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The American Psychiatric Association's recent changes to the Diagnostic and Statistical Manual of Mental Disorders (DSM-5) provide another arrow in the quiver for plaintiffs seeking recovery for psychological injury. These changes are especially relevant to insurers and businesses defending against personal injury claims where post traumatic psychological disorders are at issue. Defending against claims for psychological injury can be a daunting task considering the subjective nature of these injuries. Unlike physical injuries or deformities, the fact that a plaintiff is depressed, anxious, fearful or withdrawn is usually not overtly recognizable during the course of a two or three day trial.  That leaves plenty of room for jurors to speculate on the extent of the plaintiff's psychological injury.  

The DSM-5 manual will likely ease the task of proving the existence of a psychological injury by broadening the diagnostic criteria for many psychological disorders, such as acute stress disorder and posttraumatic stress disorder (PTSD).  For example, persons allegedly suffering from PTSD are no longer required to prove that they experienced or witnessed a traumatic event first-hand. Now, plaintiffs could potentially use DSM-5 to support their claims of PTSD even if they experienced a traumatic event indirectly, such as through a phone call or watching a breaking news story about a loved one's death or injury.  In addition, PTSD is now considered "developmentally sensitive," which means the diagnostic thresholds for diagnosing PTSD are lowered for children and adolescents.  

In short, the revamped DSM-5 will likely provide plaintiff attorneys with more ammunition to prove that their clients have suffered an array of psychological injuries as a result of a traumatic event.  To adequately defend against these claims, defense attorneys must familiarize themselves with the revised diagnostic criteria and try to use it to their advantage.  This will require a more fact-intensive approach to defending against these claims by digging deeper into plaintiffs' therapy records to prove that they are not suffering from any number of symptoms listed under a given psychological disorder.  Although the revised DSM-5 will make psychological disorders easier to prove, the defense bar must use DSM-5's improved clarity to its advantage.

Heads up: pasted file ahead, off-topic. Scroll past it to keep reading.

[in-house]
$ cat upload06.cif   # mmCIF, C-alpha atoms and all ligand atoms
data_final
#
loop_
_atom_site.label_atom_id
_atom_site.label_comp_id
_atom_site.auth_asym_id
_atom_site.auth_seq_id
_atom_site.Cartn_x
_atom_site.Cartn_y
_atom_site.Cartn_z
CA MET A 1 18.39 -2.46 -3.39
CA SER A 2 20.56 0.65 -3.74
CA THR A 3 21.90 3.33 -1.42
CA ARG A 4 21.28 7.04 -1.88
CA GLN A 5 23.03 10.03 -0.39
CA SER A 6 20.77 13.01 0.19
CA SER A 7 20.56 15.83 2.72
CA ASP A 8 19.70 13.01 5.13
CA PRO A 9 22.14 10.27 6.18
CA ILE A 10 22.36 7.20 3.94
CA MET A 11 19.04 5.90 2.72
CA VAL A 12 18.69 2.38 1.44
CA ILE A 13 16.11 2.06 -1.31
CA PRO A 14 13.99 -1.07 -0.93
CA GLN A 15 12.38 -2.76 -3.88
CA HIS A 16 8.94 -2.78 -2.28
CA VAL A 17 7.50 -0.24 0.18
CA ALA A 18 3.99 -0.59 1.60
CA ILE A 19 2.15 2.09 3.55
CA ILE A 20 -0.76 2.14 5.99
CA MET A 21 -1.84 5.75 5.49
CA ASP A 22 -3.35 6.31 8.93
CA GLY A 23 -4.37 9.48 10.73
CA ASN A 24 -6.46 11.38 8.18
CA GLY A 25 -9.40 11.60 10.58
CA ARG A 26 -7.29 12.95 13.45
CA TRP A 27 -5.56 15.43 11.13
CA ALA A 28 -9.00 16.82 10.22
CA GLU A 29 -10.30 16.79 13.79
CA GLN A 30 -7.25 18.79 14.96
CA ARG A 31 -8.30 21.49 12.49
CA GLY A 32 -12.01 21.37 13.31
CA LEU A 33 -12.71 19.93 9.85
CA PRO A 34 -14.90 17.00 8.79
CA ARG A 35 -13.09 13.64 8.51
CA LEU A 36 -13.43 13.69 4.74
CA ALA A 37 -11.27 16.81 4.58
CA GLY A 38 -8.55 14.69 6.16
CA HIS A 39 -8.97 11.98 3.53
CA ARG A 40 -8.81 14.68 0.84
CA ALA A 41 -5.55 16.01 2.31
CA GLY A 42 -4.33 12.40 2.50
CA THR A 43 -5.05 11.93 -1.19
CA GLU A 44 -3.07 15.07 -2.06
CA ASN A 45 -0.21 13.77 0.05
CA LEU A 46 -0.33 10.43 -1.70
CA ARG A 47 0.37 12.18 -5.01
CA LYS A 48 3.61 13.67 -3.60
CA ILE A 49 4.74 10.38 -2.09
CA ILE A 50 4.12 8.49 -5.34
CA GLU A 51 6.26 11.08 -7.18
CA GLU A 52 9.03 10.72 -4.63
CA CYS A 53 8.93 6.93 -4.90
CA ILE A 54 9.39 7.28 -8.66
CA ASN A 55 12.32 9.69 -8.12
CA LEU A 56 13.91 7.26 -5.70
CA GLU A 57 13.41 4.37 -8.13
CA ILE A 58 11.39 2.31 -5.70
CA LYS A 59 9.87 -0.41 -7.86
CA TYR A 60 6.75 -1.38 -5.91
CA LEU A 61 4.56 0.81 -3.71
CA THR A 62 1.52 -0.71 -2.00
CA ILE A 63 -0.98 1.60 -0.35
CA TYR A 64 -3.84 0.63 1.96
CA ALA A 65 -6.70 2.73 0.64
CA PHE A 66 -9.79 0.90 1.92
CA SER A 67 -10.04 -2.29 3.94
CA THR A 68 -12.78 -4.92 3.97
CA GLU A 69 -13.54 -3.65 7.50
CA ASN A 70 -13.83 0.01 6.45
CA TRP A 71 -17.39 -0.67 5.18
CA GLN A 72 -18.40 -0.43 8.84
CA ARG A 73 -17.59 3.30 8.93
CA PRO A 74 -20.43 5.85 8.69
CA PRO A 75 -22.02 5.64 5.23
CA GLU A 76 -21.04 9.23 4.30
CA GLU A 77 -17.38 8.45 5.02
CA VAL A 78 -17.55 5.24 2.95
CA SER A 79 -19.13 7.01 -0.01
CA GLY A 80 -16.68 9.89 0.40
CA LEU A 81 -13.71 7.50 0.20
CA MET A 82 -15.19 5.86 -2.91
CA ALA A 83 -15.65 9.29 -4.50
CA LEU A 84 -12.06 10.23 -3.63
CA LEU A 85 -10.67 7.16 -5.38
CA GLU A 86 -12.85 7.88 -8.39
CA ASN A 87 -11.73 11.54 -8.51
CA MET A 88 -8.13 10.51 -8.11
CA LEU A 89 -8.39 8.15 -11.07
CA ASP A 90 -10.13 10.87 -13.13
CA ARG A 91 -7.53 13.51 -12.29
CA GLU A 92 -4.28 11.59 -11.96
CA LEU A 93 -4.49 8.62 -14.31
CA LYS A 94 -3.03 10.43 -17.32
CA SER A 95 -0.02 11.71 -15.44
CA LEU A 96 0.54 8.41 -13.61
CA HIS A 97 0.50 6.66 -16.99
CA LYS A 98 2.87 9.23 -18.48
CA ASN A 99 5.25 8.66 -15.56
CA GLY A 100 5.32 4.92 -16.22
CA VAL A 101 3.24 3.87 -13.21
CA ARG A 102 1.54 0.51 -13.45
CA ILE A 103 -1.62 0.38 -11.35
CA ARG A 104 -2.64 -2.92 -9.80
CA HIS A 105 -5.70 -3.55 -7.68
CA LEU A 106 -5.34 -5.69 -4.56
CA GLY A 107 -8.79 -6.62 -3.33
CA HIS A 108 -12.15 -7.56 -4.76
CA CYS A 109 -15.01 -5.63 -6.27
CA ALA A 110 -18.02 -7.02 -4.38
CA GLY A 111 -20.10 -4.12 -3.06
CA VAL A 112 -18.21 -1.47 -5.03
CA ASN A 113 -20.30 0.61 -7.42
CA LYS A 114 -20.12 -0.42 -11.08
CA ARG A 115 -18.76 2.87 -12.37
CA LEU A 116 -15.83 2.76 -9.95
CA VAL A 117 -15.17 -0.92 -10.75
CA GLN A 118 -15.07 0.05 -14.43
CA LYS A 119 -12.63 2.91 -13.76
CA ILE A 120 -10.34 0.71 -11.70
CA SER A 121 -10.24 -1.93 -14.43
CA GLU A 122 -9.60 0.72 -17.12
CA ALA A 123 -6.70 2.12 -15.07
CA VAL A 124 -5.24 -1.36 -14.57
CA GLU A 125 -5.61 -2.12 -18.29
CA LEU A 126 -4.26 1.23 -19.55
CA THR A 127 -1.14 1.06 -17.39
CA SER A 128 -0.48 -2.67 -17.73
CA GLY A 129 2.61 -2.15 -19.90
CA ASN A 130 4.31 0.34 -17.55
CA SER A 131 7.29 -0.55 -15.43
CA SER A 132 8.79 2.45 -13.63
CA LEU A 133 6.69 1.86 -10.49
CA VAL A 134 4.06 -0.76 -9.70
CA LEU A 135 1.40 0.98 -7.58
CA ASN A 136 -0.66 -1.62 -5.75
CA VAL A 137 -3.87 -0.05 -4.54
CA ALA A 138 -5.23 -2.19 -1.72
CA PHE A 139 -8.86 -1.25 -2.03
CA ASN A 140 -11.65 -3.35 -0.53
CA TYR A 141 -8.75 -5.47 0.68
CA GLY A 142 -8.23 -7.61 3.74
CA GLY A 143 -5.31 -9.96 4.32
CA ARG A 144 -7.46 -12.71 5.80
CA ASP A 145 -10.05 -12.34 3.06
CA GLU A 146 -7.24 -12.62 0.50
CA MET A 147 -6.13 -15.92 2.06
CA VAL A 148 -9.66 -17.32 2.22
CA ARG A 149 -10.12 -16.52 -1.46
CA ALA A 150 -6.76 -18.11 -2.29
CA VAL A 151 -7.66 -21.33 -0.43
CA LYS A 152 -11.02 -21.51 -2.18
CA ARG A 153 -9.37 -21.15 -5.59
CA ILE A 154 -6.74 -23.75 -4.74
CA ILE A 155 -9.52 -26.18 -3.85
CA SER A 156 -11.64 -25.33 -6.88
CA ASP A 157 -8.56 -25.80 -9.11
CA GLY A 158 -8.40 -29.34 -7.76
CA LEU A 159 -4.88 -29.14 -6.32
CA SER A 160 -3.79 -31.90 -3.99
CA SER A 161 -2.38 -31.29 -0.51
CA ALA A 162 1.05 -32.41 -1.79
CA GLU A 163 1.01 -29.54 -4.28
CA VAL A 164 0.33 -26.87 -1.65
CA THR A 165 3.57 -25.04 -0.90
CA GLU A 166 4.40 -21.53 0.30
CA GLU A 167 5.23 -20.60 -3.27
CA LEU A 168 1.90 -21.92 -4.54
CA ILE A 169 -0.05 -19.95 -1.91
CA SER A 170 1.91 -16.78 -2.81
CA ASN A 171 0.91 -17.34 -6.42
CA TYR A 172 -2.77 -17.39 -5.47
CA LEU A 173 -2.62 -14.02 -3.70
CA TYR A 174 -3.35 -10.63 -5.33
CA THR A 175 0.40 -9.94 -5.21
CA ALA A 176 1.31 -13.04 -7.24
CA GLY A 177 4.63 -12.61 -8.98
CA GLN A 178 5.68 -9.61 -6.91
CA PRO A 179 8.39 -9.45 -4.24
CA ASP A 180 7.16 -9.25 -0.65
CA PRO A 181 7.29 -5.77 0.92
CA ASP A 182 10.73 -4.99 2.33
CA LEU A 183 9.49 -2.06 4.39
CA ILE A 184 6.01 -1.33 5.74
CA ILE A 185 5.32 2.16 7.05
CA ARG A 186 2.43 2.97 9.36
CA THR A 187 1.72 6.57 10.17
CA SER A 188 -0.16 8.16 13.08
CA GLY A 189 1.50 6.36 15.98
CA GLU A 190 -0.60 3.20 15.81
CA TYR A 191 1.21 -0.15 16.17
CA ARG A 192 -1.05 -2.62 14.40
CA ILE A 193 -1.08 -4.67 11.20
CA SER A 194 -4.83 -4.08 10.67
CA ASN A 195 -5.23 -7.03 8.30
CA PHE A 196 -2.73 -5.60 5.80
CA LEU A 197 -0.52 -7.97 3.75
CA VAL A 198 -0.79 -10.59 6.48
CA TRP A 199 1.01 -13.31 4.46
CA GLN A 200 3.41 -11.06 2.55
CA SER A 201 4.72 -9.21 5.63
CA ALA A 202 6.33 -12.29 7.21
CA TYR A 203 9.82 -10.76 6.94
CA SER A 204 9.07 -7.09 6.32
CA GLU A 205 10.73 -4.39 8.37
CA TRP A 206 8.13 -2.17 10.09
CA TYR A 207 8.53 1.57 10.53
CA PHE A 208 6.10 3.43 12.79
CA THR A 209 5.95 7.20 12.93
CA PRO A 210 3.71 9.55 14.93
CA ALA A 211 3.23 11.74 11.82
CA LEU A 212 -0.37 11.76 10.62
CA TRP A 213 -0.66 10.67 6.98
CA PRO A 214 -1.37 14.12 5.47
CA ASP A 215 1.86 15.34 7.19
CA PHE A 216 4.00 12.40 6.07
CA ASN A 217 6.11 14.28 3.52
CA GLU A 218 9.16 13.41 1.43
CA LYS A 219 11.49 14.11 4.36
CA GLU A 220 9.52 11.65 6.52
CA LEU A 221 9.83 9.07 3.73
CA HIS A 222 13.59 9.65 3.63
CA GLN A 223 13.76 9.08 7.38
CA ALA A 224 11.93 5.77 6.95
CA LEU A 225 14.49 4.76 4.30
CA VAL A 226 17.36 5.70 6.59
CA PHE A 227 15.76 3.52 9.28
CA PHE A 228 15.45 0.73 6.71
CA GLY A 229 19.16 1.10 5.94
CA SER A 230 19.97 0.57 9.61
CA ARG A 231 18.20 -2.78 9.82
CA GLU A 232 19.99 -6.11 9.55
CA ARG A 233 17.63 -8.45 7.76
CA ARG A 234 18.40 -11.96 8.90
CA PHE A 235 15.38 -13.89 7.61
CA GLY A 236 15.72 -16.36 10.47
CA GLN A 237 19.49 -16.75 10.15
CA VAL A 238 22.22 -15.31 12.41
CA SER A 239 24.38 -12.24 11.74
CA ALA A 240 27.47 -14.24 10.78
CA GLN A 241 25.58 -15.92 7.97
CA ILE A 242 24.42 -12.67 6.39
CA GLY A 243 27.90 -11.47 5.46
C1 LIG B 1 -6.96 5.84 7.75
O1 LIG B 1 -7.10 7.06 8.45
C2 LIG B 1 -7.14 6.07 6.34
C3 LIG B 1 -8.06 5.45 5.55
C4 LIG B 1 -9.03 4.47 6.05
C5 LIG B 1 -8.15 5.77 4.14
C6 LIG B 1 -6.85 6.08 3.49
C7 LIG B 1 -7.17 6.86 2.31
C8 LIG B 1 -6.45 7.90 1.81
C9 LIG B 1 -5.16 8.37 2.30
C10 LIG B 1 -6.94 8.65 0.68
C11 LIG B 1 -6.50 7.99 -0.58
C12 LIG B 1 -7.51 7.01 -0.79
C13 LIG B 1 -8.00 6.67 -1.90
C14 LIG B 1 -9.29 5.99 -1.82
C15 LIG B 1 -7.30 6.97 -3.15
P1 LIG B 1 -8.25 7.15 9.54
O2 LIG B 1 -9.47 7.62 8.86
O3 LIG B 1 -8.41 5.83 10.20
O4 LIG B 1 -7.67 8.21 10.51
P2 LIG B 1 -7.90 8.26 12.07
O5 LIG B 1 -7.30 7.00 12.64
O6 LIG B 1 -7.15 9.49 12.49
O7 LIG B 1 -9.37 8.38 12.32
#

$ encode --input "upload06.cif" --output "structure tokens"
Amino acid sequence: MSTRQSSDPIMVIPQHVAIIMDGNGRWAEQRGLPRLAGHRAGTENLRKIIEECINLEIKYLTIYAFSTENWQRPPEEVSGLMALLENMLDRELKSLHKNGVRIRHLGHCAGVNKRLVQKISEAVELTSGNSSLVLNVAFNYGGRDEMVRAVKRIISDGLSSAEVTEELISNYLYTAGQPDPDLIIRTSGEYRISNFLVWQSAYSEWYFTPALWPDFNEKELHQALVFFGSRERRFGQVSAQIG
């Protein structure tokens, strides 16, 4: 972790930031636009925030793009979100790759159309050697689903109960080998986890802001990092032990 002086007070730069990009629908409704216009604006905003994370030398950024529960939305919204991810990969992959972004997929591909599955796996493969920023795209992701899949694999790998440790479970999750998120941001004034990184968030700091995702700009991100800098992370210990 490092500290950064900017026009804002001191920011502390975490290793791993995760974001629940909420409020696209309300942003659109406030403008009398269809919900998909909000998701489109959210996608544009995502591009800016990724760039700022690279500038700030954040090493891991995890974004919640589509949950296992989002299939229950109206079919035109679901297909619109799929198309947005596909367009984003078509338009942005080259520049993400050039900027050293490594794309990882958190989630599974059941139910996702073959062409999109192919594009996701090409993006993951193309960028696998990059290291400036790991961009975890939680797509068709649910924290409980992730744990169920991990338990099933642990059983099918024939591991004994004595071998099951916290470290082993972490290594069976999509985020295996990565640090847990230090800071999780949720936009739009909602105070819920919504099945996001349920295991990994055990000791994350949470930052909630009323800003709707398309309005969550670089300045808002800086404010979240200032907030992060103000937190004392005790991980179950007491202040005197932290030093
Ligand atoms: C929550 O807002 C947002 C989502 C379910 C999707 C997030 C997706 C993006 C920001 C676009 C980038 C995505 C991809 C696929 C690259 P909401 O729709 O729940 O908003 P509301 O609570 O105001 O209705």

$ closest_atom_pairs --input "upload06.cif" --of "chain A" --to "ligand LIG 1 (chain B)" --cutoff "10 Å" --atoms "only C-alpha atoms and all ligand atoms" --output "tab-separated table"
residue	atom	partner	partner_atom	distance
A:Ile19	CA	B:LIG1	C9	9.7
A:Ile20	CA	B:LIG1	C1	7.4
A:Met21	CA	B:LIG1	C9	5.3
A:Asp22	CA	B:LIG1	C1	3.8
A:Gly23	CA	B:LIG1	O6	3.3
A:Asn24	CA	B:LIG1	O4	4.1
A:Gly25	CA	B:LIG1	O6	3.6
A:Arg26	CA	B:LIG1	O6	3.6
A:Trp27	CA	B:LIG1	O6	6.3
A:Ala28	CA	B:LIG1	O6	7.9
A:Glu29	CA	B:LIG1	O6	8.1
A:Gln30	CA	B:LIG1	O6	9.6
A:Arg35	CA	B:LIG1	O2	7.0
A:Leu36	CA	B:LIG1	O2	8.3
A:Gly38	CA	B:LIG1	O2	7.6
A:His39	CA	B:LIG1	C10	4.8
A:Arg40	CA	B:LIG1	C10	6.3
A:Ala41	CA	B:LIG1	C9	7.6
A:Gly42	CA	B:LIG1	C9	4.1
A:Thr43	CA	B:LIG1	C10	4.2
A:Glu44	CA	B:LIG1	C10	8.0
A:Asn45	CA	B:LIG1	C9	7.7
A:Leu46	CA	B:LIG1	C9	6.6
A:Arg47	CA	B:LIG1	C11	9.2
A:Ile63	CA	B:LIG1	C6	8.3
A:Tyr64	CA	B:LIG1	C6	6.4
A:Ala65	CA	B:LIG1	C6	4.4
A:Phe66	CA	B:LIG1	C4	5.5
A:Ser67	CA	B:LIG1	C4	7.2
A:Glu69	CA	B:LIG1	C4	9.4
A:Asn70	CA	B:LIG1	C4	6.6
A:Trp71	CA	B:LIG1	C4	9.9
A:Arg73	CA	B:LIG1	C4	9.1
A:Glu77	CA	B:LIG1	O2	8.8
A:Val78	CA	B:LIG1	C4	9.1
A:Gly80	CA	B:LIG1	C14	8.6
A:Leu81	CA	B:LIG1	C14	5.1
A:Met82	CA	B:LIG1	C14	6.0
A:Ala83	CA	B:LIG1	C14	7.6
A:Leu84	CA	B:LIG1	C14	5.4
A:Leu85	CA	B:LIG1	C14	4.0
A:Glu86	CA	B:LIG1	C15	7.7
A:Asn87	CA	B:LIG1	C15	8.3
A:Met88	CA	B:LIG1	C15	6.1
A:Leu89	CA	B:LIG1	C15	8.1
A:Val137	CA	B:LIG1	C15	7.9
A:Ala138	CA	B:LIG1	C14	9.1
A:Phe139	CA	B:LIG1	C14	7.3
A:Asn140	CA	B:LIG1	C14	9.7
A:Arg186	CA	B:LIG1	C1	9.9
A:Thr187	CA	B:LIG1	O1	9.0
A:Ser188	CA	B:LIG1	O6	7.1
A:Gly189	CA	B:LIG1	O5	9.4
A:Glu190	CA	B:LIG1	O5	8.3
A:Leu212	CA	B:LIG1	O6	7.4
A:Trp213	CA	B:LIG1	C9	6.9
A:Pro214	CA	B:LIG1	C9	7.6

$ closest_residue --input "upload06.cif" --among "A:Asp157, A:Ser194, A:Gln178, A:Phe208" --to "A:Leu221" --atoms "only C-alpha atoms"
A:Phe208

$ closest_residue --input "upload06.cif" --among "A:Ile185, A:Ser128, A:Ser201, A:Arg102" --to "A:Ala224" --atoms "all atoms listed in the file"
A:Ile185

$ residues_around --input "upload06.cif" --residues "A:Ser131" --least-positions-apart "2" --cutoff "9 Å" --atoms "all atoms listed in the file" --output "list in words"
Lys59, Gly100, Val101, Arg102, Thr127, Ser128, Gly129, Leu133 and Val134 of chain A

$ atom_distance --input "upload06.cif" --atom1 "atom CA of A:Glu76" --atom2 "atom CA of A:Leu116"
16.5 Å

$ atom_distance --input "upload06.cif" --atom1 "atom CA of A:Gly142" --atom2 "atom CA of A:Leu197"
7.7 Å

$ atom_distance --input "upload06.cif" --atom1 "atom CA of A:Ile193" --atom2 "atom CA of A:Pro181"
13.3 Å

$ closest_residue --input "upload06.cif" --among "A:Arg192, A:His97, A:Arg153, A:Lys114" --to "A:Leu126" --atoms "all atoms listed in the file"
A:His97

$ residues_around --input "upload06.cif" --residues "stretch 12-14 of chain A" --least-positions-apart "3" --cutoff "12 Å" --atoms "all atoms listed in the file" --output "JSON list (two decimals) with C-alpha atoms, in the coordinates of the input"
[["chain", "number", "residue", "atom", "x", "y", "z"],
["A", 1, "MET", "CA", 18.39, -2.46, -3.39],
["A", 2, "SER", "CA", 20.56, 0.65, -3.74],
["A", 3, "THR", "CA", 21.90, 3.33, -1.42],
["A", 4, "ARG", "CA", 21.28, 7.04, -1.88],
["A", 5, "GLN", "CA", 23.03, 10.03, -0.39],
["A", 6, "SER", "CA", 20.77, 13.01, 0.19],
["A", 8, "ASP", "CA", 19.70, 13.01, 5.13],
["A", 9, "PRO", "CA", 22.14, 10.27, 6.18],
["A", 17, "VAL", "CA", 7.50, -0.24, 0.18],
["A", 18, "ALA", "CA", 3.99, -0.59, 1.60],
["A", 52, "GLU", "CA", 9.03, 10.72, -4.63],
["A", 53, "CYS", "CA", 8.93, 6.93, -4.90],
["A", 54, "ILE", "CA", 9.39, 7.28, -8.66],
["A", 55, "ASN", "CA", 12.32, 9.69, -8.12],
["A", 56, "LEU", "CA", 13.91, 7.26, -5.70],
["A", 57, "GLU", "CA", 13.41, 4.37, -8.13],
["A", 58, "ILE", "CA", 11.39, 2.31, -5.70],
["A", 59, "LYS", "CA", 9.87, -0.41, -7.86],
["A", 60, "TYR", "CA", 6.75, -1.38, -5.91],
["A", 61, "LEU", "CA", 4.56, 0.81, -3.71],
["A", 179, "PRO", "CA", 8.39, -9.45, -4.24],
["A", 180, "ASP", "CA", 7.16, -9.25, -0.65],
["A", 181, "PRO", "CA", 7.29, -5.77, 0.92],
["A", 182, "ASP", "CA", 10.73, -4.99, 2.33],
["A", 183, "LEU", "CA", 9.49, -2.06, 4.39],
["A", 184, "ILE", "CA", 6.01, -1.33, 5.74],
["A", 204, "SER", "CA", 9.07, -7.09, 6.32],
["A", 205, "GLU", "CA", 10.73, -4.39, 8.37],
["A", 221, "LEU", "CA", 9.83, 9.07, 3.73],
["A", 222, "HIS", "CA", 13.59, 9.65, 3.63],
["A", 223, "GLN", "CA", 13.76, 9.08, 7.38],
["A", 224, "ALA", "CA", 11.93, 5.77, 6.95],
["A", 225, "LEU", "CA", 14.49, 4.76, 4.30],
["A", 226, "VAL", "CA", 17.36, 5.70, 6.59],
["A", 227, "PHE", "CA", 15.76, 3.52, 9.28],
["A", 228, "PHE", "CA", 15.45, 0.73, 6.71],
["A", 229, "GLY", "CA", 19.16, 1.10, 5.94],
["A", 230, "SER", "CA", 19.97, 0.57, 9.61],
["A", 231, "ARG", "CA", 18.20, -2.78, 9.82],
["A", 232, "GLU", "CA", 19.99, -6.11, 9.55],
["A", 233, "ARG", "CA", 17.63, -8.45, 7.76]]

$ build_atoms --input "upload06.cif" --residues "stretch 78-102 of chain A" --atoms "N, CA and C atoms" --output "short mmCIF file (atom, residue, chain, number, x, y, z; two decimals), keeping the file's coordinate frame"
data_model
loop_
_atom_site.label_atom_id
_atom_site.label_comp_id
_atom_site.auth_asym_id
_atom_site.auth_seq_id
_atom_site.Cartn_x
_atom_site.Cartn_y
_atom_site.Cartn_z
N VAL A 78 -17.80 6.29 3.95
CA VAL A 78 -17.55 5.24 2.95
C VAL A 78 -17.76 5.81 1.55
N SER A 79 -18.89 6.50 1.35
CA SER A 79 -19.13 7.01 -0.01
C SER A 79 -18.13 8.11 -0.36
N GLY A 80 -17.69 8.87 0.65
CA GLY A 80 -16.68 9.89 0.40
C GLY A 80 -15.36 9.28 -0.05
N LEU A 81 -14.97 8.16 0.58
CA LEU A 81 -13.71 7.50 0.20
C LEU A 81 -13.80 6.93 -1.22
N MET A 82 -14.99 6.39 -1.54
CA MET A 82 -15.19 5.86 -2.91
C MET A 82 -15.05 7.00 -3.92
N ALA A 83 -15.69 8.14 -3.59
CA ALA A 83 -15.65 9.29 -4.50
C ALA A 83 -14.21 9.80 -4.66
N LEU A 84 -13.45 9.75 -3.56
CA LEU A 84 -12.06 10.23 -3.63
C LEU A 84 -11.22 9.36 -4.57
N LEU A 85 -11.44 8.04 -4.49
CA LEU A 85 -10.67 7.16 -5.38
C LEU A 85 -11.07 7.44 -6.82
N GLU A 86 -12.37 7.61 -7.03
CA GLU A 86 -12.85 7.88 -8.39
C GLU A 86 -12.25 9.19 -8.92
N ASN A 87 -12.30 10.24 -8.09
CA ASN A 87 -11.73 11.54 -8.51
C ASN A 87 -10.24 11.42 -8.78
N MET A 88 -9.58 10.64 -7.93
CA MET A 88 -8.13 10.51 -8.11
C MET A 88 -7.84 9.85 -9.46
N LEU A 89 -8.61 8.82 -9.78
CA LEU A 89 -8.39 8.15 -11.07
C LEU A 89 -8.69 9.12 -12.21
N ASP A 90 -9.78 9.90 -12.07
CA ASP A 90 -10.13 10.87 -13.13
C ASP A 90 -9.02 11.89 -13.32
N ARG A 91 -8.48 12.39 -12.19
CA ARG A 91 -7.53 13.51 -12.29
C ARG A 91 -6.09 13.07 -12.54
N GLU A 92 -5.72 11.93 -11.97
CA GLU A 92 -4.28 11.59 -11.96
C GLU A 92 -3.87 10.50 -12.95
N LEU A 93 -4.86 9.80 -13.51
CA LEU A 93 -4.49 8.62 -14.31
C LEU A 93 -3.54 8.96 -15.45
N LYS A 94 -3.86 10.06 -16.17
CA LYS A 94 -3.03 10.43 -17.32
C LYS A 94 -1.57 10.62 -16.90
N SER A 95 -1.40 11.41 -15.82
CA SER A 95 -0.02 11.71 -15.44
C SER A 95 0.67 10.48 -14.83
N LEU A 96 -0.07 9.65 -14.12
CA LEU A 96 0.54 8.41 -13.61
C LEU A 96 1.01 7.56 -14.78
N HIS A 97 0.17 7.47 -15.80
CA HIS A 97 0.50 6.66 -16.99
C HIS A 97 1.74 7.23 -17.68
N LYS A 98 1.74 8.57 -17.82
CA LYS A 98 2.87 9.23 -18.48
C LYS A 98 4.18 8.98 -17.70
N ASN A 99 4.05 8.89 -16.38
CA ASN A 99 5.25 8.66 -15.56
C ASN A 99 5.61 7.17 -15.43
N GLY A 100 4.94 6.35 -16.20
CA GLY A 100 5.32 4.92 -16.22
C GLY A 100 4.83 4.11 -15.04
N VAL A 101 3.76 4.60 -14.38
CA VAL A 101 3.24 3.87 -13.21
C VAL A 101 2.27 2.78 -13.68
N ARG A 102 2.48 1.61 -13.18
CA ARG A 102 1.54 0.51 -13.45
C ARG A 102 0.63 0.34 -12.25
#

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About the Author:

This article was written on August 14 by Ian Lambeets, Esq. of Sands Anderson PC's Coverage & Casualty Litigation Group, a law firm specializing advising and representing corporations, individuals, insurance companies, and self-insured entities in litigation involving personal injury, wrongful death, policy coverage, product liability, ERISA, aviation and transportation liability, premises liability, professional liability, toxic waste, environmental claim defense and many other areas of significant liability exposure.  If you have questions about this post do not hesitate to the author at ilambeets@sandsanderson.com or any lawyer at the firm at (804) 648-1636.  


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On Monday, July, 8 2013 a Pennsylvania federal judge ordered a mass of NFL concussion cases to mediation.  The cases were brought by more than 4,000 former National Football League (NFL) players accusing the league of negligence and concealing the dangers of concussions.  The players say the league has known for years, or even decades about the long-term dangers of concussions.  The league responded that it released warnings based on the medical research available at the time.

The NFL filed motions to dismiss the cases in which it denied wrongdoing and stated that player safety is governed by the collective bargaining agreement.  The league contends the parties negotiated those terms and the issue is to be resolved in a confidential arbitration.  The players argue that the concealment was fraud and was not contemplated by the collective bargaining agreement.

U.S. District Judge Anita Brody originally planned to rule on the motion to dismiss on July 22, 2013.  However, she now says she will not rule on the motion until at least early September.  The judge says this will give the mediator time to bring the sides closer together.  Layn Phillips, a retired federal judge, has been appointed as the mediator.  Phillips cannot make a binding decision, and any side can choose to stop whenever it wants; however, the judge hopes the continued negotiations will result in a settlement.  

First, Phillips will meet with both sides’ counsel to hear the arguments on each side.  Then he will go back and forth with each side individually to try and strike a deal that works for both parties.  When Phillips reports back to the judge on September 3, 2013, he can recommend going back to court or ask for more time to negotiate.